USA’s Kasey Perry Glass & Dublet Heading to Europe With Olympics as Goal
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By KENNETH J. BRADDICK
WELLINGTON, Florida, April 28, 2016–Just three months after Kasey Perry Glass competed Dublet in the horse’s first international Grand Prix, the pair embark on a journey aiming for their first championship that also happens to be the pinnacle of sport, the Olympic Games.
The 28-year-old Kasey has made the most of the month since the end of the Adequan Global Dressage Festival from which the pair emerged as No. 4 on the U.S. Olympic rankings to earn the trip to Europe to vie for a place on the American team for Rio de Janeiro.
Dedicating herself to training full-time with Debbie McDonald uninterrupted by shows, Kasey has experienced “the best rides ever” on the 13-year-old Danish Warmblood gelding as both have “kind of found our groove.”
Since starting Big Tour at the end of January, the pair have started 14 times for a record that Kasey said has “completely shocked” her of nine second places and three third places at Global, the most competitive circuit outside Europe and before some of the judges she will ride in front of if she makes it to Rio.
Her talent and focus combined with a down-to-earth attitude has won respect and endeared her to the dressage community in her new home town of Wellington. Moving up to a higher level bodes well for the pair ranked behind fellow first-time Olympic prospect Laura Graves on Verdades and Steffen Peters, a veteran of three Olympic Games and a slew of championships, on Rosamunde and Legolas.
Dublet, she said after a training session with Debbie a week before leaving for Europe, is “feeling great, he’s ready to go, he is show ready.
“I actually feel like it’s easier this year because I kind of know what to expect, training-wise. I’ve really connected with Dublet and I’m more connected with Debbie.”
Kasey said she’s not intimidated by the prospect of the head-to-head competition against Americans who have become her friends as well as the top riders in the world at some of the premier horse shows–the Rotterdam CHIO in June and Aachen, Germany CHIO in mid-July.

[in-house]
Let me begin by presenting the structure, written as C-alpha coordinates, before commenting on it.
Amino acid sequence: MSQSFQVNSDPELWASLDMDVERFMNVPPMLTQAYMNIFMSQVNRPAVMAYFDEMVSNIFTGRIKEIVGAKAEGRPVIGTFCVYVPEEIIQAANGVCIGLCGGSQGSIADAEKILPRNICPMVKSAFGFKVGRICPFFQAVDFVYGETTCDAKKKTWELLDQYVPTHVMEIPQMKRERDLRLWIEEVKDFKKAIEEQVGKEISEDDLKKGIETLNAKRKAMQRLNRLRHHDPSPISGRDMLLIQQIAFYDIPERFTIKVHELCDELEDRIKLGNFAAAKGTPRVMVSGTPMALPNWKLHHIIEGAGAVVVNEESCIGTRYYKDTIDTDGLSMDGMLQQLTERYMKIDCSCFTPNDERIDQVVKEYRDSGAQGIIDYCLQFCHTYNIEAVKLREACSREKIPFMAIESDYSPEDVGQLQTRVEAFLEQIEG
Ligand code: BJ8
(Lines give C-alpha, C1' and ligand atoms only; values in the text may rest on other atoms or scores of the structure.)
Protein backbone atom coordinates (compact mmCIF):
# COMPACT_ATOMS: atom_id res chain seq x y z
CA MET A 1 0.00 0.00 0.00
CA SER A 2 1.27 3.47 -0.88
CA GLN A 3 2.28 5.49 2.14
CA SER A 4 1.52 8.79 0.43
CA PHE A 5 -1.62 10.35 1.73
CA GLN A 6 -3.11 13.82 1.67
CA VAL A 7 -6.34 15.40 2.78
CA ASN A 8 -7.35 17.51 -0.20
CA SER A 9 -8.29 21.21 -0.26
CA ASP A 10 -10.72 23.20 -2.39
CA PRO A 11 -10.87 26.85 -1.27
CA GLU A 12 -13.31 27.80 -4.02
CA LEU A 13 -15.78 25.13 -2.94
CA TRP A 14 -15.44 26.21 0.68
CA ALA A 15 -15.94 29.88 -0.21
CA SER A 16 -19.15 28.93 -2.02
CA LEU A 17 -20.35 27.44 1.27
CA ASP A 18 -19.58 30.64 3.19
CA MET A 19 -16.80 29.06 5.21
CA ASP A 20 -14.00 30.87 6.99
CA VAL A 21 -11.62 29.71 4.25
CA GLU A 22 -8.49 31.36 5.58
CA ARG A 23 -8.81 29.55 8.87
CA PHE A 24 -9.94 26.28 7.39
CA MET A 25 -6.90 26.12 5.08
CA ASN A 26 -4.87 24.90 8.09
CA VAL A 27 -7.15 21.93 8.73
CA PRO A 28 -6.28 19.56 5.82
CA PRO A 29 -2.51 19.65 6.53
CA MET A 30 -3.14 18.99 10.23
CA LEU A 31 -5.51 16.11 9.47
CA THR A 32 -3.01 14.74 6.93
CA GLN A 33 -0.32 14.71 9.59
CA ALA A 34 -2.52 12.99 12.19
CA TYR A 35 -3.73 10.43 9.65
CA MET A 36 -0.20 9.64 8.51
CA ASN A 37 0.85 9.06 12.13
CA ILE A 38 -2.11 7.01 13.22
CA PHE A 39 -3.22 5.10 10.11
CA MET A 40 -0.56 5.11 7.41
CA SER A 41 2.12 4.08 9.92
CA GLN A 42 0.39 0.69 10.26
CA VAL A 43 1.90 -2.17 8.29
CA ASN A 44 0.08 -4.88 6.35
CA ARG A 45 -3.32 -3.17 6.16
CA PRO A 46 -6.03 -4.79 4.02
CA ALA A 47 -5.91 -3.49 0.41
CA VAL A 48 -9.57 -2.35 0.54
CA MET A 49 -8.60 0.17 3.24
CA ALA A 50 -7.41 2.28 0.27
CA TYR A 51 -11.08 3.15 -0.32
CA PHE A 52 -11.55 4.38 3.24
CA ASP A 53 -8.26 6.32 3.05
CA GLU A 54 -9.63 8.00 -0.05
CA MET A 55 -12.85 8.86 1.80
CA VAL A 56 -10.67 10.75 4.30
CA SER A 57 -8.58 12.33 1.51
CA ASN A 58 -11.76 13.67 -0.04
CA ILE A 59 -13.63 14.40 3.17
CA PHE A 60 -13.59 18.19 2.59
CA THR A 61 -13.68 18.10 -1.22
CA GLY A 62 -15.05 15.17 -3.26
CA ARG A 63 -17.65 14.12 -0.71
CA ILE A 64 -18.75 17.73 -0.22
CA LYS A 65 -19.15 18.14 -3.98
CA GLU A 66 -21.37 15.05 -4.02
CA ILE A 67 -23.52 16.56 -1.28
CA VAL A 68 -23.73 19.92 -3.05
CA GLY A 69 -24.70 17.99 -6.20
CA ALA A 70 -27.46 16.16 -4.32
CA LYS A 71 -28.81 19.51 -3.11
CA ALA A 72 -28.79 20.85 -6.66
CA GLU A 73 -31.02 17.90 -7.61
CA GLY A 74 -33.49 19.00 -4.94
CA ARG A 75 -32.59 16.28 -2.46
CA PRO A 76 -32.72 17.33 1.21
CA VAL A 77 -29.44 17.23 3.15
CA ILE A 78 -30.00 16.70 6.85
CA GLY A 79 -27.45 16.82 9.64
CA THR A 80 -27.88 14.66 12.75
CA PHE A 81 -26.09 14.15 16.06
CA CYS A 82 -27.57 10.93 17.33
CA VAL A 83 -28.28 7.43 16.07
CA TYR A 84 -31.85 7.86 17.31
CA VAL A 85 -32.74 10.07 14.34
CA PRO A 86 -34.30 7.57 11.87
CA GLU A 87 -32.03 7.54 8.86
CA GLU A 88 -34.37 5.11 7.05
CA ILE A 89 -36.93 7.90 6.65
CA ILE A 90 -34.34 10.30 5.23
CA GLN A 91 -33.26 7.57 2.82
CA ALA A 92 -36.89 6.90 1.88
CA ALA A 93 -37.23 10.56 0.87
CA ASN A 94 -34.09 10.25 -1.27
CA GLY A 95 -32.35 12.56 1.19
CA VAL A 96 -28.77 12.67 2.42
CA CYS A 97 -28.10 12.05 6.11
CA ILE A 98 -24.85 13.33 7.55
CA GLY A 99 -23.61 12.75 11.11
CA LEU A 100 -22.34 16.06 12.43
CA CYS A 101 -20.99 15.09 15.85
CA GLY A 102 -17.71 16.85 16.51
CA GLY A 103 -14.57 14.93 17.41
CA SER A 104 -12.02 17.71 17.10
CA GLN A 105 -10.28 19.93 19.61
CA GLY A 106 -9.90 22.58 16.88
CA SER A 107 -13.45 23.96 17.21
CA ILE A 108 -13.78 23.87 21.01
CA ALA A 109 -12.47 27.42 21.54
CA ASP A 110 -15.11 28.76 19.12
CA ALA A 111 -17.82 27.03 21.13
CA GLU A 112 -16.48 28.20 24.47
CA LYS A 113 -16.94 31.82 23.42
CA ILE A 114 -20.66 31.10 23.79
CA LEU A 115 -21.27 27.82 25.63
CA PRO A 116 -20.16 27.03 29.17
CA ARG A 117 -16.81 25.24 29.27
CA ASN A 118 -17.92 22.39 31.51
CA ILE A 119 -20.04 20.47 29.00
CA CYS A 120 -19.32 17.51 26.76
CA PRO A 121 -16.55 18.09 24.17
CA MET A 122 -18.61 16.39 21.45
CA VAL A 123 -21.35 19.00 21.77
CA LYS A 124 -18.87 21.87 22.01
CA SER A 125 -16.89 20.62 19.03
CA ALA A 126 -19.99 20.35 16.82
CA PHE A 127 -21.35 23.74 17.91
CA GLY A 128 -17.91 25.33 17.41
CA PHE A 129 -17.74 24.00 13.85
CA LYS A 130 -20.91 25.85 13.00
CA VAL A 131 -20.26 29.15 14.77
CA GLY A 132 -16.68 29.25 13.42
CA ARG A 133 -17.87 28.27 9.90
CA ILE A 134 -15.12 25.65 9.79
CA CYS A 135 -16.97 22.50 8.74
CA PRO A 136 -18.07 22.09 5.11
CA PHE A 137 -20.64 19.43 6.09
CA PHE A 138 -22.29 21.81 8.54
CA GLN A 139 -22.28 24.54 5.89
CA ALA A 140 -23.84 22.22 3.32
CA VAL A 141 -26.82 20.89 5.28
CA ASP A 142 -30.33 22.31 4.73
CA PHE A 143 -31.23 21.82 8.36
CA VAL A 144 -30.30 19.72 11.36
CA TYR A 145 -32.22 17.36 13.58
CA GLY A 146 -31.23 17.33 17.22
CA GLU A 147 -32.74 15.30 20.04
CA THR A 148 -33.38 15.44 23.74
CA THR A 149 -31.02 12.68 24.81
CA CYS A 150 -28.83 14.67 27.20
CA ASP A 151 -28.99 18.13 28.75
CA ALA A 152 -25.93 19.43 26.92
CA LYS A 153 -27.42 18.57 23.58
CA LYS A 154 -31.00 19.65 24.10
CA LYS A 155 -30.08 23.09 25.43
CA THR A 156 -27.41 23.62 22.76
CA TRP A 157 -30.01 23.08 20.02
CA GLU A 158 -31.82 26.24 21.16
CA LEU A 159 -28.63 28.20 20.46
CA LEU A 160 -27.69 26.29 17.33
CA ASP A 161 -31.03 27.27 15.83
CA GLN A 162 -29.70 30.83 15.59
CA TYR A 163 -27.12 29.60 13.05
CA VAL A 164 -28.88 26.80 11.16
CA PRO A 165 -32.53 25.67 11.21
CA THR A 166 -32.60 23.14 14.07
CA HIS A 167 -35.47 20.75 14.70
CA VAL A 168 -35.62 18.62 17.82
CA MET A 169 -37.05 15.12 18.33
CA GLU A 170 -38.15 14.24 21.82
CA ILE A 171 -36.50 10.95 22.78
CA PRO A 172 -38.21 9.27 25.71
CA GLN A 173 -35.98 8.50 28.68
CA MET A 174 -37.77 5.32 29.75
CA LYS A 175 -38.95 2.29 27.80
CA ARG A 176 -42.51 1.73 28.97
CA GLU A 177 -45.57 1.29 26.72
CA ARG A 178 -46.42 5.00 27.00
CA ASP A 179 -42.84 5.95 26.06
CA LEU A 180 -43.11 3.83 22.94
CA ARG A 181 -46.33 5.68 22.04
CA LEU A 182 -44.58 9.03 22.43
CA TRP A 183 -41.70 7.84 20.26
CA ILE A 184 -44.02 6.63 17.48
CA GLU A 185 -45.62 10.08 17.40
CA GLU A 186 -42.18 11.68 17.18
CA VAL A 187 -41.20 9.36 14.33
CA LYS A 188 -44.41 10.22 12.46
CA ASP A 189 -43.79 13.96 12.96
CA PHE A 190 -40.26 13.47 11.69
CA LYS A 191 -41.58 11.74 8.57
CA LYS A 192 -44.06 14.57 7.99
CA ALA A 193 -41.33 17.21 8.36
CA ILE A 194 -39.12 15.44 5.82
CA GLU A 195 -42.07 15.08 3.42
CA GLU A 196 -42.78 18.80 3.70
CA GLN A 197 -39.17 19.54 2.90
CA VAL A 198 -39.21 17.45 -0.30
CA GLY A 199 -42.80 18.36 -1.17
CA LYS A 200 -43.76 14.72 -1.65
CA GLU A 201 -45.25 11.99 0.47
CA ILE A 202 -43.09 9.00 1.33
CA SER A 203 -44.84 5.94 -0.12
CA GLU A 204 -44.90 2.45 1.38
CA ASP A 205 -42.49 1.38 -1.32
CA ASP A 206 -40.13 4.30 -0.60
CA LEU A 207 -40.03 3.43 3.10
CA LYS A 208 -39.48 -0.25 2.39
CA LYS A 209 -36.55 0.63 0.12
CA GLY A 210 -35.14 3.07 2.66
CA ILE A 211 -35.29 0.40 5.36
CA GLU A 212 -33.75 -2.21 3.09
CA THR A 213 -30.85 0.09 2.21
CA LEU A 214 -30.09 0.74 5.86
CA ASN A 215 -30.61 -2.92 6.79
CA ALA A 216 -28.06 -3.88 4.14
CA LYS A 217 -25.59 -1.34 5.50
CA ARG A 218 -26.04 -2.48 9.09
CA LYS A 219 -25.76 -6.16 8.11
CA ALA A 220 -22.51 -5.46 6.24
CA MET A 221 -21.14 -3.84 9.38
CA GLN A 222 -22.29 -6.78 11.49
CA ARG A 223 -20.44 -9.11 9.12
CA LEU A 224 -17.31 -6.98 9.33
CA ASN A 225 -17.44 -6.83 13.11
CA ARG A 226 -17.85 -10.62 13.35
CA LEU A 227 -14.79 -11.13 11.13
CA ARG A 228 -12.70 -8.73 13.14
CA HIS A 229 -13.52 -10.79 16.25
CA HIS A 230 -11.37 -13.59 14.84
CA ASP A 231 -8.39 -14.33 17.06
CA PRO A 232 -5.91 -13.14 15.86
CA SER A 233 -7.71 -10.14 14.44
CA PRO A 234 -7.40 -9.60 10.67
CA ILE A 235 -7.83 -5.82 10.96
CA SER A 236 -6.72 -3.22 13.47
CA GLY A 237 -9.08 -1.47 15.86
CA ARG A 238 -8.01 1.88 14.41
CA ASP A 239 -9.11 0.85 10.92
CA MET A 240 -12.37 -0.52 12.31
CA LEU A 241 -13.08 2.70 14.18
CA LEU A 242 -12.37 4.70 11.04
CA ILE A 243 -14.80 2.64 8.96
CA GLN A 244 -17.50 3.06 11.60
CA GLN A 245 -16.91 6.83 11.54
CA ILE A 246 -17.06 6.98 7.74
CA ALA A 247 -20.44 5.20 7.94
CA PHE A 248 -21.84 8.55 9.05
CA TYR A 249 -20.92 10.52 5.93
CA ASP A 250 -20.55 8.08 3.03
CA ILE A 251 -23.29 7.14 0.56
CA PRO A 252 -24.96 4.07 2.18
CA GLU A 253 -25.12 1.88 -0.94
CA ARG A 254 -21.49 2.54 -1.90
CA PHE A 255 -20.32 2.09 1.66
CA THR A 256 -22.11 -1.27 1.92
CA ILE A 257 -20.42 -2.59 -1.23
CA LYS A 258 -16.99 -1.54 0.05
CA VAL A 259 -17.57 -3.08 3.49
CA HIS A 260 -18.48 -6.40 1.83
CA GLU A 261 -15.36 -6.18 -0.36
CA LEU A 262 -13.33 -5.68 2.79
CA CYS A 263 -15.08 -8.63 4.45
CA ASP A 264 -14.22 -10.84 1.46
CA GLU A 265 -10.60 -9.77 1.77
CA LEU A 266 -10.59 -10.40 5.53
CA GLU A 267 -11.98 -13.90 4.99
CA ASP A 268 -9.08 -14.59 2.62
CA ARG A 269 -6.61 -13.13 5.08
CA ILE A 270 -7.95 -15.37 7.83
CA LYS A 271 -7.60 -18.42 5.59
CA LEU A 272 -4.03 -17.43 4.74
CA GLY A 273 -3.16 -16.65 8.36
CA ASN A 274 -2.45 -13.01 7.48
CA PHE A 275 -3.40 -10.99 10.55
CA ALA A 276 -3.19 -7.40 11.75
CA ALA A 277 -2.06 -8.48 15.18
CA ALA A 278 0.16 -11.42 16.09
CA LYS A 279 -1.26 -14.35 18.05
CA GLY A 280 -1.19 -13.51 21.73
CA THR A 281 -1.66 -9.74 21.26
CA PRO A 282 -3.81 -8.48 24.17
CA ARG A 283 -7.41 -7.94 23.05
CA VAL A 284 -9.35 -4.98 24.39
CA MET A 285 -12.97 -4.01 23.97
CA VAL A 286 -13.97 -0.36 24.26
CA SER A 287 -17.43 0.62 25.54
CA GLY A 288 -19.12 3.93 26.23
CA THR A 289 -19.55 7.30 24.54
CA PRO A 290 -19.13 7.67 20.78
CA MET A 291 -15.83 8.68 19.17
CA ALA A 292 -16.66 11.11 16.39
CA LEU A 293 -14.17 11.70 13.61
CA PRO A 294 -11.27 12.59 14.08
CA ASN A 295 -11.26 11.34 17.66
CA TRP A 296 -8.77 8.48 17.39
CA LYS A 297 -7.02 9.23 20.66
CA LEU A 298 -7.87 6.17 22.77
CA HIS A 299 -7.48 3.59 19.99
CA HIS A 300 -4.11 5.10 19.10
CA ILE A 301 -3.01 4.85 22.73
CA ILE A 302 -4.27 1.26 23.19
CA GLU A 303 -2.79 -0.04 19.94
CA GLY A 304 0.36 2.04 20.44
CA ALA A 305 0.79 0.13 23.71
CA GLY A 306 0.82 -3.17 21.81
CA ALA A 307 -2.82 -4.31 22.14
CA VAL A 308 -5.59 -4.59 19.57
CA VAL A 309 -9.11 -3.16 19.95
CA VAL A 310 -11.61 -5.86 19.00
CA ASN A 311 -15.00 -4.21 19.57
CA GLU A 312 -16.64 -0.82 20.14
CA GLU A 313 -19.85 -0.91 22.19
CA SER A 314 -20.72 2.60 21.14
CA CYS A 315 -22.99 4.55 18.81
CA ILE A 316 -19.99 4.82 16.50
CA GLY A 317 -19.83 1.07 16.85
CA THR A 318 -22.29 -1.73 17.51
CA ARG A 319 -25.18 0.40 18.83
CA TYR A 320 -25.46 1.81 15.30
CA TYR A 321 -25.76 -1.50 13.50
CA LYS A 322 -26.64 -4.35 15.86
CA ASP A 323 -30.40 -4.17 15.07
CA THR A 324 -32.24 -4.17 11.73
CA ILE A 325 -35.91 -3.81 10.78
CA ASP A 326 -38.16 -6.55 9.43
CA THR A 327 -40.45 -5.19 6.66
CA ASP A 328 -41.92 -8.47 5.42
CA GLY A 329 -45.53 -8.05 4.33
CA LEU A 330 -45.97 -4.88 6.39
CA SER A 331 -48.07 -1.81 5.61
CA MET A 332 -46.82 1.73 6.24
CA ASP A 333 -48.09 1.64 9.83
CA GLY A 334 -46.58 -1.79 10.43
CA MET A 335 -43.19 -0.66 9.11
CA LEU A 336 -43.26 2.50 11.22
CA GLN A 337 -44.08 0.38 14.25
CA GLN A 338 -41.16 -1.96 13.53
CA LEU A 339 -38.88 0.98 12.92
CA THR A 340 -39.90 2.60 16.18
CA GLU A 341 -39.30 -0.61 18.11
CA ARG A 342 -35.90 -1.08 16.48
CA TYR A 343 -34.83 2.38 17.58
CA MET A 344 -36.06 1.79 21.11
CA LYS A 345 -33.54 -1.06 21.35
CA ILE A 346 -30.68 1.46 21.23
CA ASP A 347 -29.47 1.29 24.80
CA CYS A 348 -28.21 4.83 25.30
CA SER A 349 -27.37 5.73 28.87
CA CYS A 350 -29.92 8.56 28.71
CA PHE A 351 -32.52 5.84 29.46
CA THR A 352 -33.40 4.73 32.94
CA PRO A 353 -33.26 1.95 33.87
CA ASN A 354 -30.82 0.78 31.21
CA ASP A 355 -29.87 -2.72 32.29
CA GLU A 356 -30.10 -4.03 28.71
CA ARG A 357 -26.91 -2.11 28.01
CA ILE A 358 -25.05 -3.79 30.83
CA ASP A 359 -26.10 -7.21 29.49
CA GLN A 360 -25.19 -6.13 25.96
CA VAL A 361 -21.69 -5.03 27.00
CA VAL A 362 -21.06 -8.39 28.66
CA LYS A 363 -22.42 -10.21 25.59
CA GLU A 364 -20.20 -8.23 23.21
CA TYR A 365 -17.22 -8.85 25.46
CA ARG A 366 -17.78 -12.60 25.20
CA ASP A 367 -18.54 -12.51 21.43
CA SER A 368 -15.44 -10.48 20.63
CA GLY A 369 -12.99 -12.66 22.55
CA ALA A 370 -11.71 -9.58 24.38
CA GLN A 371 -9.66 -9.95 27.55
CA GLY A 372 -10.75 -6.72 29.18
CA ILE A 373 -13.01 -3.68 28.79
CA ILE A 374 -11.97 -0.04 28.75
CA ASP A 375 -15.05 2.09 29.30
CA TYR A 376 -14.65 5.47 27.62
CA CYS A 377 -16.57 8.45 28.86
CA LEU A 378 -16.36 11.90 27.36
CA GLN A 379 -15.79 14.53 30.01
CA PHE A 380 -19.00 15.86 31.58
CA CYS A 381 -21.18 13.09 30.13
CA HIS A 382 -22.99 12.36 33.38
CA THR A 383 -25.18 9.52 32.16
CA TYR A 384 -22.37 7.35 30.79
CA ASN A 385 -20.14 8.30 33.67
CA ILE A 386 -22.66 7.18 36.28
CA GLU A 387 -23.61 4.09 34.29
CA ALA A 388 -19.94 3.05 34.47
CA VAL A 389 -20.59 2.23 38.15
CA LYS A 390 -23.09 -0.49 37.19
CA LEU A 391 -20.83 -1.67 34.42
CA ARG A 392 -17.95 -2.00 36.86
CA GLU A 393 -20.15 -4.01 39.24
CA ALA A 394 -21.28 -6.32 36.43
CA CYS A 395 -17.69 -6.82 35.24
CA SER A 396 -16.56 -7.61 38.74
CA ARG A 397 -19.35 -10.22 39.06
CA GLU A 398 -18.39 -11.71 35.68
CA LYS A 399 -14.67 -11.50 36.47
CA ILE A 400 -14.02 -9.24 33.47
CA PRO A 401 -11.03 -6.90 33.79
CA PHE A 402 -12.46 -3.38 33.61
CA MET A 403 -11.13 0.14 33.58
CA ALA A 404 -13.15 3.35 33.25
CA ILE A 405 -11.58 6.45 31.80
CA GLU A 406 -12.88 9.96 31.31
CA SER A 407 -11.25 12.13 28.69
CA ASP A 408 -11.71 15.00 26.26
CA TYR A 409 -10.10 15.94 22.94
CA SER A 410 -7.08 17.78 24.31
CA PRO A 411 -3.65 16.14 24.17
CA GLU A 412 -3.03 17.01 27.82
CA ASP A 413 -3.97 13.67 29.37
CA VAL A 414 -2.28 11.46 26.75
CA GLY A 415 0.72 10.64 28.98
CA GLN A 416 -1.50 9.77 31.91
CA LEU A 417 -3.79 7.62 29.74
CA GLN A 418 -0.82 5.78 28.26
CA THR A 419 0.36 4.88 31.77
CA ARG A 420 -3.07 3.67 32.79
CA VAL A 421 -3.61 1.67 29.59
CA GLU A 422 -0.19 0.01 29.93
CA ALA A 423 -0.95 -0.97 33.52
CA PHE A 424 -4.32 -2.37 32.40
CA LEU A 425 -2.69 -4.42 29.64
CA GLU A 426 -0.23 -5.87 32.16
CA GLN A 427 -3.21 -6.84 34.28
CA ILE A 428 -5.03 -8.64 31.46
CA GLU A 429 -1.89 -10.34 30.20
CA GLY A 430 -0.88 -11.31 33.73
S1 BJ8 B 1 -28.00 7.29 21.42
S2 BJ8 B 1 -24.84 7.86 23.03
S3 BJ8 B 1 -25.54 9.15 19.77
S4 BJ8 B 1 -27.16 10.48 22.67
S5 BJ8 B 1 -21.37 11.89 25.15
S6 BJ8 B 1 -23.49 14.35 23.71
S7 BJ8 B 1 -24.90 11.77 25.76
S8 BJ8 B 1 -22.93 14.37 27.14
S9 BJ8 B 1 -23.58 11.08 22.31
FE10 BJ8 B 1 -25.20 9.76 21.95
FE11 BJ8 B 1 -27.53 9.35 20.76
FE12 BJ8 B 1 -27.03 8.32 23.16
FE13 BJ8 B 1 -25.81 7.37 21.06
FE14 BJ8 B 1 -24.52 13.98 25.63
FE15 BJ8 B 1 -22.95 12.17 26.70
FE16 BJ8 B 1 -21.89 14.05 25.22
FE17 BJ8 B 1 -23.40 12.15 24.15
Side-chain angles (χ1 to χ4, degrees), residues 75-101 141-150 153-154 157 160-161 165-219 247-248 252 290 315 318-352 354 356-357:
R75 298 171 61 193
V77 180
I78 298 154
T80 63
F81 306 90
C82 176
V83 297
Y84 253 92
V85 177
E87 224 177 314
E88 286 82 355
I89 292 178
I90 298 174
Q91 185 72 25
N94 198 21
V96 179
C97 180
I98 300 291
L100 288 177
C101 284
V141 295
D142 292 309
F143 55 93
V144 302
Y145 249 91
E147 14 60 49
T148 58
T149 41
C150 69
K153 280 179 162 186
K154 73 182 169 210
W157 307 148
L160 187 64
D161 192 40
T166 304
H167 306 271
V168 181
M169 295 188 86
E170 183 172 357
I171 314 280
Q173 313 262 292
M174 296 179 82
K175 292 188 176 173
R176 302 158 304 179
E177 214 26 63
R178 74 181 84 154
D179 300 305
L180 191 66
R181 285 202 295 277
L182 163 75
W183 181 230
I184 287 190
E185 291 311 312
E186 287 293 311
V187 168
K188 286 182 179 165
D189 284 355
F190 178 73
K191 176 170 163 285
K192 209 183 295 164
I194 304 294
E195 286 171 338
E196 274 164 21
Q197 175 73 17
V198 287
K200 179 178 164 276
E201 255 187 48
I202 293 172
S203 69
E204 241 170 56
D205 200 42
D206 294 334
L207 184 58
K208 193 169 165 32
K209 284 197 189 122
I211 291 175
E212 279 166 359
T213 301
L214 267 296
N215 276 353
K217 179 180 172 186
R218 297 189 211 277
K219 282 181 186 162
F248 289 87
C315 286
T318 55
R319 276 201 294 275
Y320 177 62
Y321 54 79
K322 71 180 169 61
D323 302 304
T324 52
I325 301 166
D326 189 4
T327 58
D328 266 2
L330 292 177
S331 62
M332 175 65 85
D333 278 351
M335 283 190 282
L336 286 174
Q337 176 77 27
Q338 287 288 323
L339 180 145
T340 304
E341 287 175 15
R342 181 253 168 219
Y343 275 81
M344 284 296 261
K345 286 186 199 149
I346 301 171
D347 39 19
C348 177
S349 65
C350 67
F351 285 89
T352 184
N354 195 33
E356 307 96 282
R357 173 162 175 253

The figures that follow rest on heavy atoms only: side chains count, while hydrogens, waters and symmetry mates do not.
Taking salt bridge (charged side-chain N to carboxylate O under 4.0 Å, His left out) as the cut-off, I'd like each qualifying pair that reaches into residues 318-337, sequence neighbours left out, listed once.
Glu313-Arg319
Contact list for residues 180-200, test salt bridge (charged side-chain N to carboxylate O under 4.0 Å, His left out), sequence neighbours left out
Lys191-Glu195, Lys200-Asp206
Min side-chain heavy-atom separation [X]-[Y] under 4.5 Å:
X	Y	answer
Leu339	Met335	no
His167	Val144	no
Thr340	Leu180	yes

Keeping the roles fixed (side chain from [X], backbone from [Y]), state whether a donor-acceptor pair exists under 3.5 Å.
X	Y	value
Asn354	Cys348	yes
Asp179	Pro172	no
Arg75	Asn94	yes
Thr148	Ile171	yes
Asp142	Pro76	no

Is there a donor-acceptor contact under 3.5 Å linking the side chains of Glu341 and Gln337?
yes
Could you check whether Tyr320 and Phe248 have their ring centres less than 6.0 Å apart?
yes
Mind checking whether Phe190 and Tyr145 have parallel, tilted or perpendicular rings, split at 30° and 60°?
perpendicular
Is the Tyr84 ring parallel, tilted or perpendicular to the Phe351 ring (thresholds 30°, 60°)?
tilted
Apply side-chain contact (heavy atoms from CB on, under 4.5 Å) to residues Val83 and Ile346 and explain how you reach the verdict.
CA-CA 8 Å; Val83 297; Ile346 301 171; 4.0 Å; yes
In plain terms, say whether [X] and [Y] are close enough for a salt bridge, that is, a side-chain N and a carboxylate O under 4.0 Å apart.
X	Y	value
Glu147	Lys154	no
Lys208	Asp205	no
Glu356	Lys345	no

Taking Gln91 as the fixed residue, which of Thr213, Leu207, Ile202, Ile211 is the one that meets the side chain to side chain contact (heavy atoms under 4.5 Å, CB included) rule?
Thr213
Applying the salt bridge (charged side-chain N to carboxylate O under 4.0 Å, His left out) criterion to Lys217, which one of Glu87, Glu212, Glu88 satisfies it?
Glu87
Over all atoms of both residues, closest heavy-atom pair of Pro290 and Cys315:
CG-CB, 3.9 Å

“I’m pretty confident in our training and his mind,” she said, “but I’m sure once I get to Aachen I’ll see the size of it and think I may be intimidated. But once I’m in the saddle, I’ll be really focused and tune everything else out.”
The family is close knit. Kasey’s father who played pro baseball coaches her through the emotional ups and downs and helps her put on a “game face.” If she’s nervous at a show, she can always talk to her sister.
Kasey switched to dressage from eventing at the age of 17 and while earning a degree in business entrepreneurship from California State University in Sacramento began training with Christophe Theallet who graduated from ENE, the French Riding Academy in Saumur, France.
In what was more a giant leap than a next step she asked her family for money to help achieve her goal of going to the summer Olympics in Rio. The business savvy family tasked Kasey with putting together a complete business plan with the history of the horse she wanted to buy, a slide show and the costs of reaching her goal.
The family bought into her dream and Kasey acquired Dublet (Diamond Hit x Olympic Ferro) from Andreas Helgstrand in Denmark
By February, 2013 she was competing Dublet at Small Tour in national shows and two months later made their CDI debut in California. A year later she skipped the California circuit and went to Wellington for its Global Dressage Festival of seven CDIs over winter.
It coincided with a virtual revolution in dressage in the United States, with Robert Dover as the national coach raising money to fund his ambitious program to get more Americans to Europe, and that included Small Tour combinations like Kasey and Dublet hoping to make the team for the Pan American Games.
Kasey believes that although riders go into the sport thinking it’s an individual pursuit she sees it as a team environment and has applied lessons from her years in Pony Club and as a high school basketball player–at 5 ft. 4 ins./162cm she was a point guard with ball handing skills.
Before the Wellington CDIO3* Nations Cup, a big chalk board was set up in the U.S. team stables with ride times so they could cheer each other on, one of the ways the Americans have adopted to help lift up team spirit and performance.
Team spirit will be vital as the six riders and eight horses expected to compete in Europe through July and end up going to the Olympics will be away from home for close to four months.
When she was a kid, Kasey had such fear of change that when she went to a friend’s house for a sleepover she would get so homesick she would have to go home.
But for much of the past three years she has lived out of a suitcase, bouncing around to Spokane, Washington; Southern California; Wellington, Florida; on the road in Europe; Idaho for training then finally returning to Wellington to settle with a husband at a new base.
The biggest change will be for Dublet who has become attached to Scarlet, Kasey’s schoolmaster Grand Prix mount that will not be making the trip to Europe as she did last year.